NO ELOQUENCE is quite the same as that of the Forster's "Life"; but a large number of letters / bibliophile when he discourses upon his own rare from Dickens to Collins were found after the lat. copies and first editions. Such is the theme of Mr. ter's death, and the best and most characteristic of Edmund Gosse in his recently published “Gossip these, selected by Miss Hogarth and printed under ¡ in a Library” (Lovell). Its twenty-five chapters her supervision, form the contents of the present are the ten-minute sermons of a book-collector convolume. The book is of interest mainly as throw. cerning the history and contents of as many famous ing light upon the relations, personal and literary. ! or curious books, the original editions of which which subsisted between the two great novelists. happen to form a part of his private library. This and as indicating their methods of collaboration. I furnishes an opportunity for their scholarly owner There are casual bits of comment and criticism to regale us with many recondite and charming bits touching the works of contemporaries ( notably an. of biography, criticism, and bibliography, connected interesting letter in which the writer sets forth his with the personal character and adventures of his opinion of certain debated passages in Reade's ! favorites. The full title-page is given, so that we “Griffith Gaunt"), and the whole is leavened with feel somewhat as though the volume actually lay in a fair sprinkling of characteristic humor. Mr. Hut our hands. Among the older books are Camden's ton's editing is in the best taste, thorough, unobs - Britannia" (1610), “ A Mirror for Magistrates " trusive, and helpful, a thread of explanatory matter (1610), George Wither's - The Shepherd's Huntand occasional parenthetic comment clearing up ing" (1615). John Donne's Death's Duel" (1632). the obscure allusions in the text. There are two Yet some of the newer ones are not less interesting.

Yet some portraits and several facsimiles of play-bills and 'A very delightful chat on - Peter Bell and his Tor. letters.

mentors" arises i propos of the first edition of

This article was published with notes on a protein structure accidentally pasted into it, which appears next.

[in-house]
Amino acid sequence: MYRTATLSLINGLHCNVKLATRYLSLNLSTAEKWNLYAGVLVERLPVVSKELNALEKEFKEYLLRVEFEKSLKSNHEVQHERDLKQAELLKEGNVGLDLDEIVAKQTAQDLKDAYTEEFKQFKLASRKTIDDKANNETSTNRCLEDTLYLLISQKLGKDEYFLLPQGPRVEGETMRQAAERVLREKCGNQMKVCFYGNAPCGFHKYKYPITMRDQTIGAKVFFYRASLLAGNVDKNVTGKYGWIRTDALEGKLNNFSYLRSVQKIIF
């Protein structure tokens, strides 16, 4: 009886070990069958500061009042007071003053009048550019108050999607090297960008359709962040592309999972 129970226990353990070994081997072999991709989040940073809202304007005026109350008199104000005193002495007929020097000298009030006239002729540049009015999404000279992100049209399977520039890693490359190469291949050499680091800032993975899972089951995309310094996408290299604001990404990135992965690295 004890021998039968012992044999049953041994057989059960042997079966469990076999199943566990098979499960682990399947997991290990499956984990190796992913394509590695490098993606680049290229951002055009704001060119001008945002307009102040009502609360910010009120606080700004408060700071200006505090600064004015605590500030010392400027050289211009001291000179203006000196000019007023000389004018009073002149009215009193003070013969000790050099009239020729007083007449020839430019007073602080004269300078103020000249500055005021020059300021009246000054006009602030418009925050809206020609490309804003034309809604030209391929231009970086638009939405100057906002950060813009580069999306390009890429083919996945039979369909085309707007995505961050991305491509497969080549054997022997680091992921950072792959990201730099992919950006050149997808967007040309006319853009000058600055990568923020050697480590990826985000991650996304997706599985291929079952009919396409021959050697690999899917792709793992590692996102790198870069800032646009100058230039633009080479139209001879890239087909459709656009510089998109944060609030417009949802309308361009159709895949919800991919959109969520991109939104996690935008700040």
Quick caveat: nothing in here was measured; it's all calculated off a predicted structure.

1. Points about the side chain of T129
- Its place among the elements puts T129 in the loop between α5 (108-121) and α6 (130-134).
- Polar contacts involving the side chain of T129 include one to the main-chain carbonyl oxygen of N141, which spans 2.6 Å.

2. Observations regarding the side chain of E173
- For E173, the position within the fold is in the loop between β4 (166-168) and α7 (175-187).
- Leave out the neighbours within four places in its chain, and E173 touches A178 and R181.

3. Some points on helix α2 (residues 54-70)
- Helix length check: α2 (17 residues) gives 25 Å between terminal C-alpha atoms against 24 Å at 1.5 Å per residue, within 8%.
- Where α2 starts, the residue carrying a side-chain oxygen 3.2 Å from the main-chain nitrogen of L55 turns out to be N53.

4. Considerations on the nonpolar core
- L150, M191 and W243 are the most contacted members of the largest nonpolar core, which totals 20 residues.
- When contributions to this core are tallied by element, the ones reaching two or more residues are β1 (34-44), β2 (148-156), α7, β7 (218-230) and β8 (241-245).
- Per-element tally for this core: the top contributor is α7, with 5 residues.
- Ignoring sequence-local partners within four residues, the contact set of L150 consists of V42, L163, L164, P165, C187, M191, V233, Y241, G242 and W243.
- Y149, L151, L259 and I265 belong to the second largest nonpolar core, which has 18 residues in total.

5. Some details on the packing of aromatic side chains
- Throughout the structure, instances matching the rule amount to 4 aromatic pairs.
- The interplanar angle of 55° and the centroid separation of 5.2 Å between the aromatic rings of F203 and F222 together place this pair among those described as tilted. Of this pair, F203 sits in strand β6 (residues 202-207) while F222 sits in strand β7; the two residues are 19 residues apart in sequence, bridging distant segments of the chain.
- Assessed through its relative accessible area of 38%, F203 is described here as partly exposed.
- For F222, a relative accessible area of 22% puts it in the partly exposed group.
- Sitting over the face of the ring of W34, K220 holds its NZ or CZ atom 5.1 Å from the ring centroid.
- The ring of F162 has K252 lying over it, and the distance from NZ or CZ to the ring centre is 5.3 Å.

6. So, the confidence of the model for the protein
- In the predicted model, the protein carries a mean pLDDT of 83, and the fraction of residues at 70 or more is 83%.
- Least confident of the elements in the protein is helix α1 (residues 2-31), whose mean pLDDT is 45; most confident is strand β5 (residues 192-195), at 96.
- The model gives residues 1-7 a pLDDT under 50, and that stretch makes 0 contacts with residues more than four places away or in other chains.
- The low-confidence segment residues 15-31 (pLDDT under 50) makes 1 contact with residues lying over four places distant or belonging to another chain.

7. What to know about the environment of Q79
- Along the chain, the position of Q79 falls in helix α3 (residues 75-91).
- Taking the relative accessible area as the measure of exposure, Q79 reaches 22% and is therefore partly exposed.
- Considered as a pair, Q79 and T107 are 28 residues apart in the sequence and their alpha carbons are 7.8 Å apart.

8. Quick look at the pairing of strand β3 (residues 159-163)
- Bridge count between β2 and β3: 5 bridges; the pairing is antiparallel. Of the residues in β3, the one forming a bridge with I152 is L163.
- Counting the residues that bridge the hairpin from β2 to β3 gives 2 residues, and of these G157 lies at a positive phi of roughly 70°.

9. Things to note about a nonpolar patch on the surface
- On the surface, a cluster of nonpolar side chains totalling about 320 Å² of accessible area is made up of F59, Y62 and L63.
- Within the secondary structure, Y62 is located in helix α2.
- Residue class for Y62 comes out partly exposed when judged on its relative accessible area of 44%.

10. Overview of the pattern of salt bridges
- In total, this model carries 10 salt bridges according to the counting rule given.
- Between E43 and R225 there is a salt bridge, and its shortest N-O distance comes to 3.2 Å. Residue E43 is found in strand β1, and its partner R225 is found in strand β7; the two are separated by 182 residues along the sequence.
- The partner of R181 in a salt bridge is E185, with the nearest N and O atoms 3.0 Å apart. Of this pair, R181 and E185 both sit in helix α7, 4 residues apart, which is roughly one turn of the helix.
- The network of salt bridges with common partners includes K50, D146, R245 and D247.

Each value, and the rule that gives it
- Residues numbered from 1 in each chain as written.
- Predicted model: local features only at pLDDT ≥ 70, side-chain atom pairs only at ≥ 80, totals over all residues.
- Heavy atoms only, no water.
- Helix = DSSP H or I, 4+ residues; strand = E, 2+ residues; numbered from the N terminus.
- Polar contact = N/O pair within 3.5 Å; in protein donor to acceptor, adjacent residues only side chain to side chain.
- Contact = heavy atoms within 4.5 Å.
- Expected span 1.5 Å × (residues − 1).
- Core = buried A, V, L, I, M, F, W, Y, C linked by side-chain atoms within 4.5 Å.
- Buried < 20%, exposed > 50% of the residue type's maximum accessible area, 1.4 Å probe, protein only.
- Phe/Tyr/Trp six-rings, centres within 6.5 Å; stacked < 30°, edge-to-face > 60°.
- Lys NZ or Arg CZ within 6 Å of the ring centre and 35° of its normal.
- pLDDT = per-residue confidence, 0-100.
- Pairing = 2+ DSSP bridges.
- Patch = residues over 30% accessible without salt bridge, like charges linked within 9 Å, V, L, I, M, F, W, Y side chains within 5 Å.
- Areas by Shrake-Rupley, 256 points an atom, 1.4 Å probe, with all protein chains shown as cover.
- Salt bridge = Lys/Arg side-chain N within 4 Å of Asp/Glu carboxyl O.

| Wordsworth's poem (1819); another on - UltraFRESH proof of Mr. F. Hopkinson Smith's abil. Crepidarius" (1823), the scarcest of all Leigh ity to wield the quill with the same brisk dexter Hunt's poetical pamphlets, and giving curious proof ity as the brush, is afforded in the shape of a neat of the crude taste of the young school out of which volume entitled - A Day at Laguerre's, and Other Shelley and Keats were to arise ; still another, on Days" (Houghton ). The book is made up of nine George Meredith's - Shaving of Shagpat," which cheery, sketchy papers, under such titles as - E. Mr. Goswe declares to be the latest book in which pero Gorgoni. Gondolier." "I'nder the Minareta," any Englishman - has allowed his fancy, untram“ A Bulgarian (pera Bouffe," " Six Hours in melled by any sort of moral or intellectual subterSquantico," ete., enlivened throughout with bits fuge, to go a-roaming by the light of the moon. of local color, incident, and genre, the pleasantly The volume is handsomely printed on heary paper idealized and sentimentalized records of recent with uncut edges, and externally as well as inter vagabondining days and sentimental journeys in pally is one to rejoice the heart of a book-lover. search of the pirturesque at home and abroad. Like all sensible travellers not immediately bent ANOTHER volume about uncommon books is on statistics, Mr. Smith dons his rose-colored sper - Wells of English" (Roberts), by Isaac Bassett tacles before starting : henee, in his optimistic Choate. The aim in Mr. Choate's case, however, pages. French inn-keepers, Venetian gondoliers is quite different from that of Mr. Gosse, the result (to the jaundiced eve a vociferous un savory sort of being somewhat of the nature of a manual or water-rabbies, tuneless, prosaic, careless of decency hand-book of information concerning the lesser and greedy of the puur-buire ). Turkish dragomen, lights of English literature. The author's principle ele, ete.. take on a pleasantly sentimental tinge, is that while it is the great writers who show us and supply in two or three instances a thread of what our literature ought to be, it is those of les. romance deítly interwoven in the descriptive text. ser rank to whom we must go when we wish to